A call to mobilize
It all started with then-Minister of Justice Frank Quennell, his voice buzzing over CBC radio airwaves, declaring in 2004 that Saskatchewan had no plans to proactively pursue legalizing same-sex marriage.
The province would instead await the federal government’s ruling on the matter, he reported, but would not contest anyone who might challenge the law.
And for Kelley Moore (MA’13) and Lenore Swystun (MA’96), that statement may as well have come with a court summons.
“Lenore and I, being who we are, took that as a bit of a rally call to mobilize, to help them to change the law by giving them a reason to,” said Moore. “We had been together almost five years, and for us it was about equality and having the same rights as anyone else in a committed relationship.”
The resulting denial of a marriage license was the first step toward a courtroom, where Moore and Swystun would join four other couples in a landmark case that won same-sex partners across Saskatchewan their legal right to wed in November of that year.
It was hardly the first time either of them had stepped into the spotlight, forthcoming as they’d been in their relationship throughout their personal lives and even into Swystun’s time as Saskatoon’s first openly gay city council member, but the sheer magnitude of the decision to take action wouldn’t hit home until later.
“It was incredibly overwhelming to be in all these newspapers,” Moore said. “It’s one thing to be out within your own community and social circle, and then it’s another to be out across the entire country. It was probably the first time when I realized the importance of what we had done.”
The exposure proved good and bad, with friends and family coming forward in the days and months following. Sometimes they’d show support, sometimes they’d question their decisions. But the fallout was more than worth it to know Swystun and Moore had done something real to help others and to set the stage for those who would one day follow their tracks.
“We came on the shoulders and the backs of so many other couples before us,” Swystun said. “You’re always thankful that others had come before and opened a lot of gates and doors, and now we’re taking the next gate and door and hopefully opening it, too.”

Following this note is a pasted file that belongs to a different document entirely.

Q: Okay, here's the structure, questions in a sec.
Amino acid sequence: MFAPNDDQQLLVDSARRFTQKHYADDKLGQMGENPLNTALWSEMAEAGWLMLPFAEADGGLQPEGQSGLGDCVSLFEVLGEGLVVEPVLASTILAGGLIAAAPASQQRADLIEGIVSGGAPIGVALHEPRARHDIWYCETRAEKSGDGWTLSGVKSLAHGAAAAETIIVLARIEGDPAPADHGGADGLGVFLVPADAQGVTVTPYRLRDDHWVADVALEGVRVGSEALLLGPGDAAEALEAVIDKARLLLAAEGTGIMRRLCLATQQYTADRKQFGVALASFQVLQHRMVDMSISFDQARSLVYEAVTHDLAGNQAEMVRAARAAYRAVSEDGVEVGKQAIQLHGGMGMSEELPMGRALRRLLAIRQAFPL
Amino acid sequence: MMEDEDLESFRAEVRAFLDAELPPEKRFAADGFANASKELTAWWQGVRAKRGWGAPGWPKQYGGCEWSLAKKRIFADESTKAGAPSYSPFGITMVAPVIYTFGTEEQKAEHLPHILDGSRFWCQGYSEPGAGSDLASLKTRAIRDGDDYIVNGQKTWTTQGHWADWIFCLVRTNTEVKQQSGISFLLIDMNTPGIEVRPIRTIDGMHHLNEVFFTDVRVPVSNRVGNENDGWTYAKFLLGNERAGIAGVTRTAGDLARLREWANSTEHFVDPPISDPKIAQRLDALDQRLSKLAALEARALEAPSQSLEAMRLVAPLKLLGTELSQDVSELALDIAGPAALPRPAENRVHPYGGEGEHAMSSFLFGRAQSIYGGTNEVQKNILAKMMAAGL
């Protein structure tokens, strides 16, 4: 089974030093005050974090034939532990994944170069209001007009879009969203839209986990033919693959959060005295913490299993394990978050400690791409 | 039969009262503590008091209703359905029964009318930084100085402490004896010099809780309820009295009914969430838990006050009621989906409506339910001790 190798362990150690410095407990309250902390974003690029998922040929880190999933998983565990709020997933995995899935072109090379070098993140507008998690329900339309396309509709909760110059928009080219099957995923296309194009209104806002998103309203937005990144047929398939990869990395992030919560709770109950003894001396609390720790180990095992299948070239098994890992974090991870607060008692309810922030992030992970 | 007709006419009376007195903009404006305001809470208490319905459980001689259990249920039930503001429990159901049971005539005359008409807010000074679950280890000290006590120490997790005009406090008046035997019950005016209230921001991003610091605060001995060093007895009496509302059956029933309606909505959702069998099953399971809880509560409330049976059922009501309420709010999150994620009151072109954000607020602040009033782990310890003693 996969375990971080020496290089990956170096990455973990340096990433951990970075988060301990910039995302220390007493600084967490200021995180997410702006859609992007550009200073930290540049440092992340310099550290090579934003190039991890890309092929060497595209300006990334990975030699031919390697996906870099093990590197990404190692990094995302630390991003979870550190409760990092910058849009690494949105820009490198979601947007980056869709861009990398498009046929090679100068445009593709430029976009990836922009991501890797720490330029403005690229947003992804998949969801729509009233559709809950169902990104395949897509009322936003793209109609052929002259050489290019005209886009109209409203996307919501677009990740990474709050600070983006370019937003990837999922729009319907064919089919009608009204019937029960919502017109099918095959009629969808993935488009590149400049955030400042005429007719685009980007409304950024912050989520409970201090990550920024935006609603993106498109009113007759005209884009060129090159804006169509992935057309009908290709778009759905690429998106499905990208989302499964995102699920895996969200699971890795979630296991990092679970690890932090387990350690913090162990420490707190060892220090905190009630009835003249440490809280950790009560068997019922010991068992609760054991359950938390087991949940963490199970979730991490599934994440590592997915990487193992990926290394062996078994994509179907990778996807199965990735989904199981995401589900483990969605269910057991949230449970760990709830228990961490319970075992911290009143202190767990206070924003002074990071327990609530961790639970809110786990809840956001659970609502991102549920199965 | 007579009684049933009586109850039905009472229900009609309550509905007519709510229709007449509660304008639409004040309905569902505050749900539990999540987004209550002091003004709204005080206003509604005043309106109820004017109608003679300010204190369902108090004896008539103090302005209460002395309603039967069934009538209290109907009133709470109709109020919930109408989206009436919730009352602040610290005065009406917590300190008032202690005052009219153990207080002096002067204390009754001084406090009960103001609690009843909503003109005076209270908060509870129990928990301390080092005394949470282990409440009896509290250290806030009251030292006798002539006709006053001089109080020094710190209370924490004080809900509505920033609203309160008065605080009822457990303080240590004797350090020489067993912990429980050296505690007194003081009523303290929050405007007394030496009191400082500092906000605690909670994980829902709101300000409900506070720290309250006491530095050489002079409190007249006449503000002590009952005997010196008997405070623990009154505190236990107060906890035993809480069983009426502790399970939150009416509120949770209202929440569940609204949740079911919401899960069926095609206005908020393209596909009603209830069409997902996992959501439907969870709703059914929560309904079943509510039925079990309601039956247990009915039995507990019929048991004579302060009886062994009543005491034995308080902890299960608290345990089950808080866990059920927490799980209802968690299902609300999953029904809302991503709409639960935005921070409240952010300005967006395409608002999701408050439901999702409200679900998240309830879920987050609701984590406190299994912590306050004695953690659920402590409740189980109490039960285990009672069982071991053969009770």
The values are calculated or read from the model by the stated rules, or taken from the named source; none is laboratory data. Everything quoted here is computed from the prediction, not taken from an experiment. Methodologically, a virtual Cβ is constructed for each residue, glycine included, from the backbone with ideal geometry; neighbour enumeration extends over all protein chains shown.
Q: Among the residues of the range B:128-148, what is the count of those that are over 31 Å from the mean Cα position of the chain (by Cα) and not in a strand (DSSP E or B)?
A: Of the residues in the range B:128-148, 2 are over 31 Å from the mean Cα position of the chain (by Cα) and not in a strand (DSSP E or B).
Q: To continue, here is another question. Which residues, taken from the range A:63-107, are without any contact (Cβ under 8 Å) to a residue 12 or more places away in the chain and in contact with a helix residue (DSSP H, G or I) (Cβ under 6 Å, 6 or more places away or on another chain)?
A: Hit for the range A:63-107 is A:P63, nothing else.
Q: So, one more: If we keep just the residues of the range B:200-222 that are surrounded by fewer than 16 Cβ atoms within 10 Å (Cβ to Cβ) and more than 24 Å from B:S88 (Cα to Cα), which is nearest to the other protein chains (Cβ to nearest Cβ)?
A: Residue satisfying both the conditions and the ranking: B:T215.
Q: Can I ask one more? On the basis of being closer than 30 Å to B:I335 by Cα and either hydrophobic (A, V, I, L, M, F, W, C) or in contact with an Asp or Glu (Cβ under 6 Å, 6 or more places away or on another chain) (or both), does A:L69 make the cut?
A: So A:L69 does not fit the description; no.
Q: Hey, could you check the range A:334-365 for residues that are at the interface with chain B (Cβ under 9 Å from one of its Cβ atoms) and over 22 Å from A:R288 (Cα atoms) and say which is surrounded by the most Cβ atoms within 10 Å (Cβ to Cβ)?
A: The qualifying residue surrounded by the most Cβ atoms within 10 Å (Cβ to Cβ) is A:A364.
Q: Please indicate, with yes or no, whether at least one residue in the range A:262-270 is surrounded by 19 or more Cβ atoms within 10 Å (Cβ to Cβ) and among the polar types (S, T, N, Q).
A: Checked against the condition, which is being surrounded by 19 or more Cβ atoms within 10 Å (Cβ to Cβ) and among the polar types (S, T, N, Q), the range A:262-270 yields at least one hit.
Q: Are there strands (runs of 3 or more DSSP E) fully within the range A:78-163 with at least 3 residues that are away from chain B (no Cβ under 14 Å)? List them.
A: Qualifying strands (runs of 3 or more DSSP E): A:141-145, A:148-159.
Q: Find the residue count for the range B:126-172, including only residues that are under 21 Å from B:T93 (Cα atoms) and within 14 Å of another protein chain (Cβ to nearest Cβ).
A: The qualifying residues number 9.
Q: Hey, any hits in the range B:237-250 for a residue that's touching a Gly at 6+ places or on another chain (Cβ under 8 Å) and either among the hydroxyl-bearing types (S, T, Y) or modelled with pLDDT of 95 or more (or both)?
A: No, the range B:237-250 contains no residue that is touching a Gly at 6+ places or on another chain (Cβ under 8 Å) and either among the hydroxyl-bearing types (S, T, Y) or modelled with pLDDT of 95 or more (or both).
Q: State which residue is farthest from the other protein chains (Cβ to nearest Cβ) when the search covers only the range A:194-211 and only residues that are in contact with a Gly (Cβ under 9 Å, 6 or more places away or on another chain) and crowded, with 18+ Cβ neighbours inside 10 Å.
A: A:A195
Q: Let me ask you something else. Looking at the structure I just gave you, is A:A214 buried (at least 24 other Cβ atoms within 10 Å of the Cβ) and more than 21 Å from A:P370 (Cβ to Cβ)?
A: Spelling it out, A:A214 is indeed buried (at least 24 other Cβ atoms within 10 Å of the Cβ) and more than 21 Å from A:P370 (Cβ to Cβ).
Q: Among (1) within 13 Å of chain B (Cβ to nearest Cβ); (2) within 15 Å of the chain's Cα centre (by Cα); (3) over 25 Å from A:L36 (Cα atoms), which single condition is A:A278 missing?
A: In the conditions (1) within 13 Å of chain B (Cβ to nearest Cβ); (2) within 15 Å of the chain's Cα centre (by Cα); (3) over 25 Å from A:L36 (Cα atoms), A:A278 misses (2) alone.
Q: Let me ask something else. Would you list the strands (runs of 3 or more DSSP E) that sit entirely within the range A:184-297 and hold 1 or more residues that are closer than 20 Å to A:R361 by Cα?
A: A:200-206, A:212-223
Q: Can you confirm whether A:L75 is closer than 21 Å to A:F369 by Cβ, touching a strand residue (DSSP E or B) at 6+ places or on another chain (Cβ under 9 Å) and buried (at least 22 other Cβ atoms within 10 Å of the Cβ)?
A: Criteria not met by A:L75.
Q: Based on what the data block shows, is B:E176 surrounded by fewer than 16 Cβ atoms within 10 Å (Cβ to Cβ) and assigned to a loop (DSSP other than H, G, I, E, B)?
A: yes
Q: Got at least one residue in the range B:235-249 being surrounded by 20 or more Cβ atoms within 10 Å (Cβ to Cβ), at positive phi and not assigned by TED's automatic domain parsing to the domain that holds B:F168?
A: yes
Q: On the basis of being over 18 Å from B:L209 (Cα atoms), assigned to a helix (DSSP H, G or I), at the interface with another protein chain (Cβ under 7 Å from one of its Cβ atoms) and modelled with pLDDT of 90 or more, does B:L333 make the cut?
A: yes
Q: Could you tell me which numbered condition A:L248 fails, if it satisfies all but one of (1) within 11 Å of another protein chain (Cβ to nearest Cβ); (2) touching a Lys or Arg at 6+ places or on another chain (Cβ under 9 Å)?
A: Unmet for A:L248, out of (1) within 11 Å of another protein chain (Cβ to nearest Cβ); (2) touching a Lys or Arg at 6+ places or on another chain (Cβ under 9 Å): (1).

A perfect, beautiful day
After their victory in court, Moore and Swystun waited two years as their lives returned to normalcy before tying the knot. They invited their closest friends and family members to a potluck in their backyard, hoping that a low-pressure affair would keep anyone from losing their invitation over politics.
“It was kind of funny because our one friend brought roses, my sister had a feeling something was up and she brought a gift, another friend brought a fruit cake and then we had a friend who was a United minister,” Moore said. “Between all of that we had the making of a wedding.
“It was a perfect, beautiful day.”
More than a decade later, both women see clearly that their win in court was only one step in the larger fight for equality. They see it when marginalized people of all kinds come to them for help finding work. They see it when clients Google their names and a look of shock spreads across their faces. They see it when they still have to plan trips abroad around which countries won’t turn them away at the border due to their sexual preferences.
But progress—large or small—is still progress, and they both know the best way to prevent slipping backward is to keep pushing forward.
“The work never stops,” Swystun said. “People think that once you get your driver's license or your marriage license that they’re there, but these are privileges. You have to continue to work on them to enshrine them as a privilege and as a right.”